Day after day after day.

Like Murray in that movie, we may feel trapped. But are we? Truly?

Here is a story: Years ago I had been in a high-stressed job and wanted to get away, not only from the routine of the daily grind, but the craziness of the world. So I went to a cloistered monastery for a week. Yes, you heard right. I knew in that environment I would find the peace, quiet and the prayer I craved. And I did.

The first few days were bliss. I woke early with the good sisters in the fresh darkness of early morning where a hush of palpable peace fell over the chapel. I listened to their sweet, high-pitched chants during liturgies and evening vespers. I ate simple meals of warm, home-baked bread and sweet spinach and carrots from their garden. And each second was savored in absolute and blessed silence. No jarring phones, countless emails or endless blathering at meetings.

I loved it. But by day four, I was getting antsy. The repetitiveness of the days was becoming monotonous and it seemed I had traded one routine for another. In the quiet of that monastery, I wondered how these women did the same schedule, ad infinitum, without going crazy. And yet, to this day, they were some of the most peaceful and joy-filled women I’ve ever met.

2010-04-14-Daily_GrindThe truth is, they discovered God in the routine of their days.

Benedictine Sister Joan Chittister has said: “We learned that the power of Benedictine prayer lies in its regularity. It’s regular … like the dripping of a faucet on the ground of our hearts. The daily schedule consists of the same prayers and chores repeated over and over again until we see God’s presence.”

Someone once asked His Holiness the Dali Lama to find the one word he would use to describe the secret of happiness and to living a fulfilling life. Without hesitation, he replied: Routine.

In his book Sweeping Changes Gary Thorp points out that the word “routine” originally meant “a route or course of travel for trading” or a “religious pilgrimage” and has only recently come to mean “ordinary” or “of no special quality.”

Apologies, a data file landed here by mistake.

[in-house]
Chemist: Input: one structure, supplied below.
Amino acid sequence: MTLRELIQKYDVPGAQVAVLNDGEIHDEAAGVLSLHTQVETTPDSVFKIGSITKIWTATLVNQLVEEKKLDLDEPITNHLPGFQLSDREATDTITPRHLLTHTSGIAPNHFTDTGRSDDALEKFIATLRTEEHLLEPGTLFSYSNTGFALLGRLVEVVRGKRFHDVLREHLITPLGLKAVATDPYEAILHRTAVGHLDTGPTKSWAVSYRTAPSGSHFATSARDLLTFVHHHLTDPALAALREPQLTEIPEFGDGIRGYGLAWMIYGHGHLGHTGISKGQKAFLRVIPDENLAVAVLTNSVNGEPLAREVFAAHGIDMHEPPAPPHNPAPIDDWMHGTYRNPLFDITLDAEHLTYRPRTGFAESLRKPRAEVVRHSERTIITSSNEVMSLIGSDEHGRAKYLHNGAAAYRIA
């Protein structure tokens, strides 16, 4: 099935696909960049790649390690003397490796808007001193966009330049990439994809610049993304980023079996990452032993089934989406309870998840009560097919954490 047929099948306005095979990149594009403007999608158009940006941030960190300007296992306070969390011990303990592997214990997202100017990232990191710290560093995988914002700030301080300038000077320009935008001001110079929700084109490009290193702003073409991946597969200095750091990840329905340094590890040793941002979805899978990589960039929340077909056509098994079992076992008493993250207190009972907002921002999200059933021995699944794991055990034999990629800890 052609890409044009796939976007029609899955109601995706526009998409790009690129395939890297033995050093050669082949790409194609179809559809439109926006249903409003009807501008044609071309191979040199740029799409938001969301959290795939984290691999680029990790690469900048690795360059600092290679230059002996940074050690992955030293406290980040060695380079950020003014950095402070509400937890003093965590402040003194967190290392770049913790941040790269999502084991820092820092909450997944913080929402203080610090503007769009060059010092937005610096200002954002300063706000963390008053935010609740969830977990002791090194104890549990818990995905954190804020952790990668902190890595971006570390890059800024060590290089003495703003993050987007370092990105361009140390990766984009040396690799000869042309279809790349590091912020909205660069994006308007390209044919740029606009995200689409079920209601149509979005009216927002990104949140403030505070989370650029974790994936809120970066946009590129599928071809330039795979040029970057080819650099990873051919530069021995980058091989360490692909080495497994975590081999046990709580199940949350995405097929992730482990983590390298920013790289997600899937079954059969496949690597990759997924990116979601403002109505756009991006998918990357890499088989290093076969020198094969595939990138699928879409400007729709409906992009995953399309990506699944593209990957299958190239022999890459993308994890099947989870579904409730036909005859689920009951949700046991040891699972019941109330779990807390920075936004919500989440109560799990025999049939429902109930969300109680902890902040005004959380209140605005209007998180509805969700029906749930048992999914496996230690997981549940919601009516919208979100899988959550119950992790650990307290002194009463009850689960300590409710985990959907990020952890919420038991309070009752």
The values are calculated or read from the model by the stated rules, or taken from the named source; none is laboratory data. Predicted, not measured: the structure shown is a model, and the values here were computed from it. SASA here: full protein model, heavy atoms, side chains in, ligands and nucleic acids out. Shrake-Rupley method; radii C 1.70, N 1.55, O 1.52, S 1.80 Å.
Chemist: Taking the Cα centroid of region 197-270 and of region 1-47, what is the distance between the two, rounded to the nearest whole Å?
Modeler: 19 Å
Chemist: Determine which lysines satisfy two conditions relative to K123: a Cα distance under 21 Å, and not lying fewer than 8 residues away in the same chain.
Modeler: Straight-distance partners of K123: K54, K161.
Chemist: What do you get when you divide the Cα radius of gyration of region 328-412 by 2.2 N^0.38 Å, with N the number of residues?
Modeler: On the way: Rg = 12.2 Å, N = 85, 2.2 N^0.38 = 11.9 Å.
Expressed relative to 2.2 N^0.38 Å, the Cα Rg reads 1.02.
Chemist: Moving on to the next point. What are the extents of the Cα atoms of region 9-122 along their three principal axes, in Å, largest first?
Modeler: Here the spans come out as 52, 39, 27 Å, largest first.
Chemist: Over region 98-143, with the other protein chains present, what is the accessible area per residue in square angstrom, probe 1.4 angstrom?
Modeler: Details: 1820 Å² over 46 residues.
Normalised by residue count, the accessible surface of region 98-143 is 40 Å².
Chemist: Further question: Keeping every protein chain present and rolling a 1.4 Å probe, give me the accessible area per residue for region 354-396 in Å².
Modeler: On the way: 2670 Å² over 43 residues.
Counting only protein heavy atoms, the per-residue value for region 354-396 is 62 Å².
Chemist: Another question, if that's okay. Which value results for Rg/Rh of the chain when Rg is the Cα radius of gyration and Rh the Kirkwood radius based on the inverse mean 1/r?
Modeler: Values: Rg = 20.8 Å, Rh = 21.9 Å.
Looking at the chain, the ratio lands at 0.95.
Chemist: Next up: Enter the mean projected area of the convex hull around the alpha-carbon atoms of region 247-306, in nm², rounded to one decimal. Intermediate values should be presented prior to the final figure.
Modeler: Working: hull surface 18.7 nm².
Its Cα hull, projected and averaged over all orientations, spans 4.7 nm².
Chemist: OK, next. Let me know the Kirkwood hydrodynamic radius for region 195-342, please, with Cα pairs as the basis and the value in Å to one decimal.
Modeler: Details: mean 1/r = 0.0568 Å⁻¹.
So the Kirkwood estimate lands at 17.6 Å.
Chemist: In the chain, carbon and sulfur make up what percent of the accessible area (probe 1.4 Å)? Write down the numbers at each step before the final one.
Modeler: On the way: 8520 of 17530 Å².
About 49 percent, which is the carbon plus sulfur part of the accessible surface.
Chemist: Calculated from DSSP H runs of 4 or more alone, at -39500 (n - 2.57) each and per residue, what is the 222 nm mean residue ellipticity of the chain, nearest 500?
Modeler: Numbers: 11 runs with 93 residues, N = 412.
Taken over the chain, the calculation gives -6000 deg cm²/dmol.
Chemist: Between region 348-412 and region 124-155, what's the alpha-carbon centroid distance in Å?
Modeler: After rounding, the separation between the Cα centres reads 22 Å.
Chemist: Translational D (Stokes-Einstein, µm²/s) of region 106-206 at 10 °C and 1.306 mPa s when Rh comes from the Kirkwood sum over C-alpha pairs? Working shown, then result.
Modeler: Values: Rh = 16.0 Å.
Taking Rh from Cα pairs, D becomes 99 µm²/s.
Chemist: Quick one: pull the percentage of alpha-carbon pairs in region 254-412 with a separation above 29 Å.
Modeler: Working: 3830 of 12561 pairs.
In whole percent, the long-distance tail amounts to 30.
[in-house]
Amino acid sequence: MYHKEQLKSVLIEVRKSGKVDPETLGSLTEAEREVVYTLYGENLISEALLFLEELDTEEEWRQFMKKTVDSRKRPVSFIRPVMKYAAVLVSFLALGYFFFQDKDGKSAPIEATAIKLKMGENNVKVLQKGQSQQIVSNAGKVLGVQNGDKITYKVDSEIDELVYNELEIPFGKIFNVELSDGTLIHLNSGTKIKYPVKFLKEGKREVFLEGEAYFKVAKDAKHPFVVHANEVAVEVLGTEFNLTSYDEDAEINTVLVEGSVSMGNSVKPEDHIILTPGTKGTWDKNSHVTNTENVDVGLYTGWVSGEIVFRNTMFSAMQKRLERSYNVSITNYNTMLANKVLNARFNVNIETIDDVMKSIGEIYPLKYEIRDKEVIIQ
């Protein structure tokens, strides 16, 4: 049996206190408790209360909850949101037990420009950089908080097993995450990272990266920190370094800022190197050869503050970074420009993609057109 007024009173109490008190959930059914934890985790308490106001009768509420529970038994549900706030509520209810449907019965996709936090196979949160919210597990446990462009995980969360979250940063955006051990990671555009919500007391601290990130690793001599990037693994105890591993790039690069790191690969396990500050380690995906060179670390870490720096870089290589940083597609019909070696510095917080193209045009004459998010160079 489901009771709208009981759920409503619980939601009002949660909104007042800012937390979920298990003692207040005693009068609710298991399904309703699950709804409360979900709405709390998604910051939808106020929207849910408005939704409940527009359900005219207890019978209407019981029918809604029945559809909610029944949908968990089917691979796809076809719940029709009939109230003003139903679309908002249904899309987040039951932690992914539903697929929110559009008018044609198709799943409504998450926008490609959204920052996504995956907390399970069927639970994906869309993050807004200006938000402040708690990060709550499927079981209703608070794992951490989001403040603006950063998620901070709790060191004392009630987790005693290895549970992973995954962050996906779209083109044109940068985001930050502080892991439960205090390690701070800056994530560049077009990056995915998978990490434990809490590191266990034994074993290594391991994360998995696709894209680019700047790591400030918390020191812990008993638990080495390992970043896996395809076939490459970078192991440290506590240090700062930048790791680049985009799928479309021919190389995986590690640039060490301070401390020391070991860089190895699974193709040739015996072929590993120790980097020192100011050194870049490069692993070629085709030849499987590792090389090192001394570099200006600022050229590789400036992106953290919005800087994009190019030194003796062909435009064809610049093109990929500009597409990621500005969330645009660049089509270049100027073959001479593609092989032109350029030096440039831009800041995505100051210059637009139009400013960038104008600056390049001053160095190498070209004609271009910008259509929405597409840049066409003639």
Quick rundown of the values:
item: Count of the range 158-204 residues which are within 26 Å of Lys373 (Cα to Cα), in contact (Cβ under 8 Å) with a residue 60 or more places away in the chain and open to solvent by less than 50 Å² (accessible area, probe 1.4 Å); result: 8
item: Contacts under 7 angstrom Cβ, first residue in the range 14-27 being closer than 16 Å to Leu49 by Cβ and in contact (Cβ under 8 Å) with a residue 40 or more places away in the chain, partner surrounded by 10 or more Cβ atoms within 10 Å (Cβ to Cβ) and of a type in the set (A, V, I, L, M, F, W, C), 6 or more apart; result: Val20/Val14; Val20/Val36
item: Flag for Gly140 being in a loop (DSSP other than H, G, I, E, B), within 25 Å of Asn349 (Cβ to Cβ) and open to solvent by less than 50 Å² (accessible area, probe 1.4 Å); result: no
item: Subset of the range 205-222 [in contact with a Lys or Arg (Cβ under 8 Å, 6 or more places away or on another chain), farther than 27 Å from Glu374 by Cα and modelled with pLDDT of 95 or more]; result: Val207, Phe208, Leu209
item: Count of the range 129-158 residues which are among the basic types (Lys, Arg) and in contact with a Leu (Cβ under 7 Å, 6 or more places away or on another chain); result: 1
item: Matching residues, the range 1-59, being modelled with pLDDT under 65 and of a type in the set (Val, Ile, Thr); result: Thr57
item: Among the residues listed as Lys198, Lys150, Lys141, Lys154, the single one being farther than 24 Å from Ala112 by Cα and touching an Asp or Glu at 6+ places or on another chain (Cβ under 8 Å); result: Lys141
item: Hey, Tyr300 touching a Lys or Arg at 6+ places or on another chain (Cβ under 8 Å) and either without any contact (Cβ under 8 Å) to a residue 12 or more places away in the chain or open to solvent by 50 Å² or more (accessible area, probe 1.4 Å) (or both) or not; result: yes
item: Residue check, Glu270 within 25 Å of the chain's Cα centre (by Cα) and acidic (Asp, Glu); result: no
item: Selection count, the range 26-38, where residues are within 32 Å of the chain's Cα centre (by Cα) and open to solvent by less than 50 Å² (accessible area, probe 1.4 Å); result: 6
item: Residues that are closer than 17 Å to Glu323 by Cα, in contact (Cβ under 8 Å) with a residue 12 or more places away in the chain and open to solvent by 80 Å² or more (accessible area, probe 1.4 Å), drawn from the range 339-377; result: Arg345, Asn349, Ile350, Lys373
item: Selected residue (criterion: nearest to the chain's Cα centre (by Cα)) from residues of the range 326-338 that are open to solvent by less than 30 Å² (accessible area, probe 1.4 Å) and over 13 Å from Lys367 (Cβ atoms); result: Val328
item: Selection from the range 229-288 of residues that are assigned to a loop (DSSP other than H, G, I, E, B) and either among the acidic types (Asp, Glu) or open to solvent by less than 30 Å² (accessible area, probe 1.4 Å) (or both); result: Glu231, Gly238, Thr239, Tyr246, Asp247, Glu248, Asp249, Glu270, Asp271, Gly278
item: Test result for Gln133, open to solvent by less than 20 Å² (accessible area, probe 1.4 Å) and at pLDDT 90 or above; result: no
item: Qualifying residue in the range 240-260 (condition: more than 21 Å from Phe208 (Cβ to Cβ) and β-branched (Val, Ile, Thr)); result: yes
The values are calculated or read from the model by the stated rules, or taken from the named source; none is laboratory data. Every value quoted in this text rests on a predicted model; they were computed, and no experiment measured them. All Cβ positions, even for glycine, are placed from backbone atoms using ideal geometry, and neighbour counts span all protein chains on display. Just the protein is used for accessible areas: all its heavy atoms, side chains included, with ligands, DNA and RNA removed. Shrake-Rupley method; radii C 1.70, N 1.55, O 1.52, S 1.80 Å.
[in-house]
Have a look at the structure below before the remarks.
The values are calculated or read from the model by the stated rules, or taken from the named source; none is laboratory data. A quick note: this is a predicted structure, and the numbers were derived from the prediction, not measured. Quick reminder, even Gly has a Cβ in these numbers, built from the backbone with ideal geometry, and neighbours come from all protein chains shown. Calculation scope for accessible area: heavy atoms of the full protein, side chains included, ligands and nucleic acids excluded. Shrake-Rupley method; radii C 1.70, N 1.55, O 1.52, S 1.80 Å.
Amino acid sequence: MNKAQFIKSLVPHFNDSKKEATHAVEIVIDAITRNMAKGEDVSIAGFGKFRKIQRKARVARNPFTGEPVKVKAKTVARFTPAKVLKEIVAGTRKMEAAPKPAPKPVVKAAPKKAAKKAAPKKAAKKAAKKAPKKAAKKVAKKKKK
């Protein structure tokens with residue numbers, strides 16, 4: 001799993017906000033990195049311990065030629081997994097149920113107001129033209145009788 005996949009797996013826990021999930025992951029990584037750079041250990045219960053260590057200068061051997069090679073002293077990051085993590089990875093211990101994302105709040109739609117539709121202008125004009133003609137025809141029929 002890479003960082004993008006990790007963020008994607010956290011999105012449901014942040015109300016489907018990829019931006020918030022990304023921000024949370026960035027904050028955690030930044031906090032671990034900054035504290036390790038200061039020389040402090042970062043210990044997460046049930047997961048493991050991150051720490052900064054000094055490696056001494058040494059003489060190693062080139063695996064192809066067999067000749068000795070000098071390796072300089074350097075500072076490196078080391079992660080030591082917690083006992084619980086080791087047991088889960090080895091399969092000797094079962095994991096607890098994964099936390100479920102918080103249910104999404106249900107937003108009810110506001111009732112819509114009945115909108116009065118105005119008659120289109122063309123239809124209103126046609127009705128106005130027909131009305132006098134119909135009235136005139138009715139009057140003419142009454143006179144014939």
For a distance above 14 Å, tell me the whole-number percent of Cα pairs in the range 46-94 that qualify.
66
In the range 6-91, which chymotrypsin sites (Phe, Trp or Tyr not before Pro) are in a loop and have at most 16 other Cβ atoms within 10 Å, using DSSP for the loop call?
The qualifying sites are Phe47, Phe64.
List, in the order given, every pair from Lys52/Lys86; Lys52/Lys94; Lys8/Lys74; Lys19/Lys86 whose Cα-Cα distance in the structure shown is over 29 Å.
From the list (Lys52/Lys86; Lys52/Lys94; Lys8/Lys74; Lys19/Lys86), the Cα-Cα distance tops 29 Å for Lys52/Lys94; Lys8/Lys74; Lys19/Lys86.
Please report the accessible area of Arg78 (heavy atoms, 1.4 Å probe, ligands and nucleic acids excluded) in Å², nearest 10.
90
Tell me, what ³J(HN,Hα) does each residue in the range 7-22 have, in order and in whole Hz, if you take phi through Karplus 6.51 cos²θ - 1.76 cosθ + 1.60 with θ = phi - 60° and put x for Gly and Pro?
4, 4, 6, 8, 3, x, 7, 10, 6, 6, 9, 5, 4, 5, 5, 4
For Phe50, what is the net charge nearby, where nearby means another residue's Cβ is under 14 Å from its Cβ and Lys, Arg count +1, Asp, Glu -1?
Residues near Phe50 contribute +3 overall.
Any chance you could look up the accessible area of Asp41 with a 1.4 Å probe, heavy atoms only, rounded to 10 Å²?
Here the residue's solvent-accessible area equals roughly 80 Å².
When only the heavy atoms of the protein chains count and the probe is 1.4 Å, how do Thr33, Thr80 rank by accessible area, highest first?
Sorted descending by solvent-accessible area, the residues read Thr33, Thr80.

But if we consider our daily lives as a spiritual pilgrimage — well then, maybe that’s not so boring. Maybe there is indeed meaning in the daily humdrum of our lives.

Yeah, right. How do we do that?

Like most things in life, it’s not easy. Believe me, I’m the first to say I hate monotony and the tedium of the day. And yet, as I age, I’m learning that routine offers me a structure and a way to approach what’s before me in a different way. How? To revisit the movie Groundhog Day, here’s the answer.

Each day, the script never changes for Murray and in a myriad of ways, he tries to escape the “sameness” of that one day. He says, “I wake up every day … right here. And there’s nothing I can do about it.”

Until he slowly realizes the answer. He CAN do something about it. He comes to understand that he alone has the power — not to change the day — but to change himself.

He begins to develop compassion for the people he meets. He transforms from a self-centered man to one who gives to others. He helps an elderly man; changes a flat tire for some distraught women; catches a child falling from a tree; discovers childlike joy in the snow again; and finds love. Selfless love.freedom

Within the routine of our days, no matter how boring, we can do the same. We can see the interconnectedness of life, bless the smallest of our daily repetitive tasks, and offer thanks that we always have the power to find the sacred lurking in the ordinary.

We alone can shift our perspective. And then, like Murray, we become free. Truly free.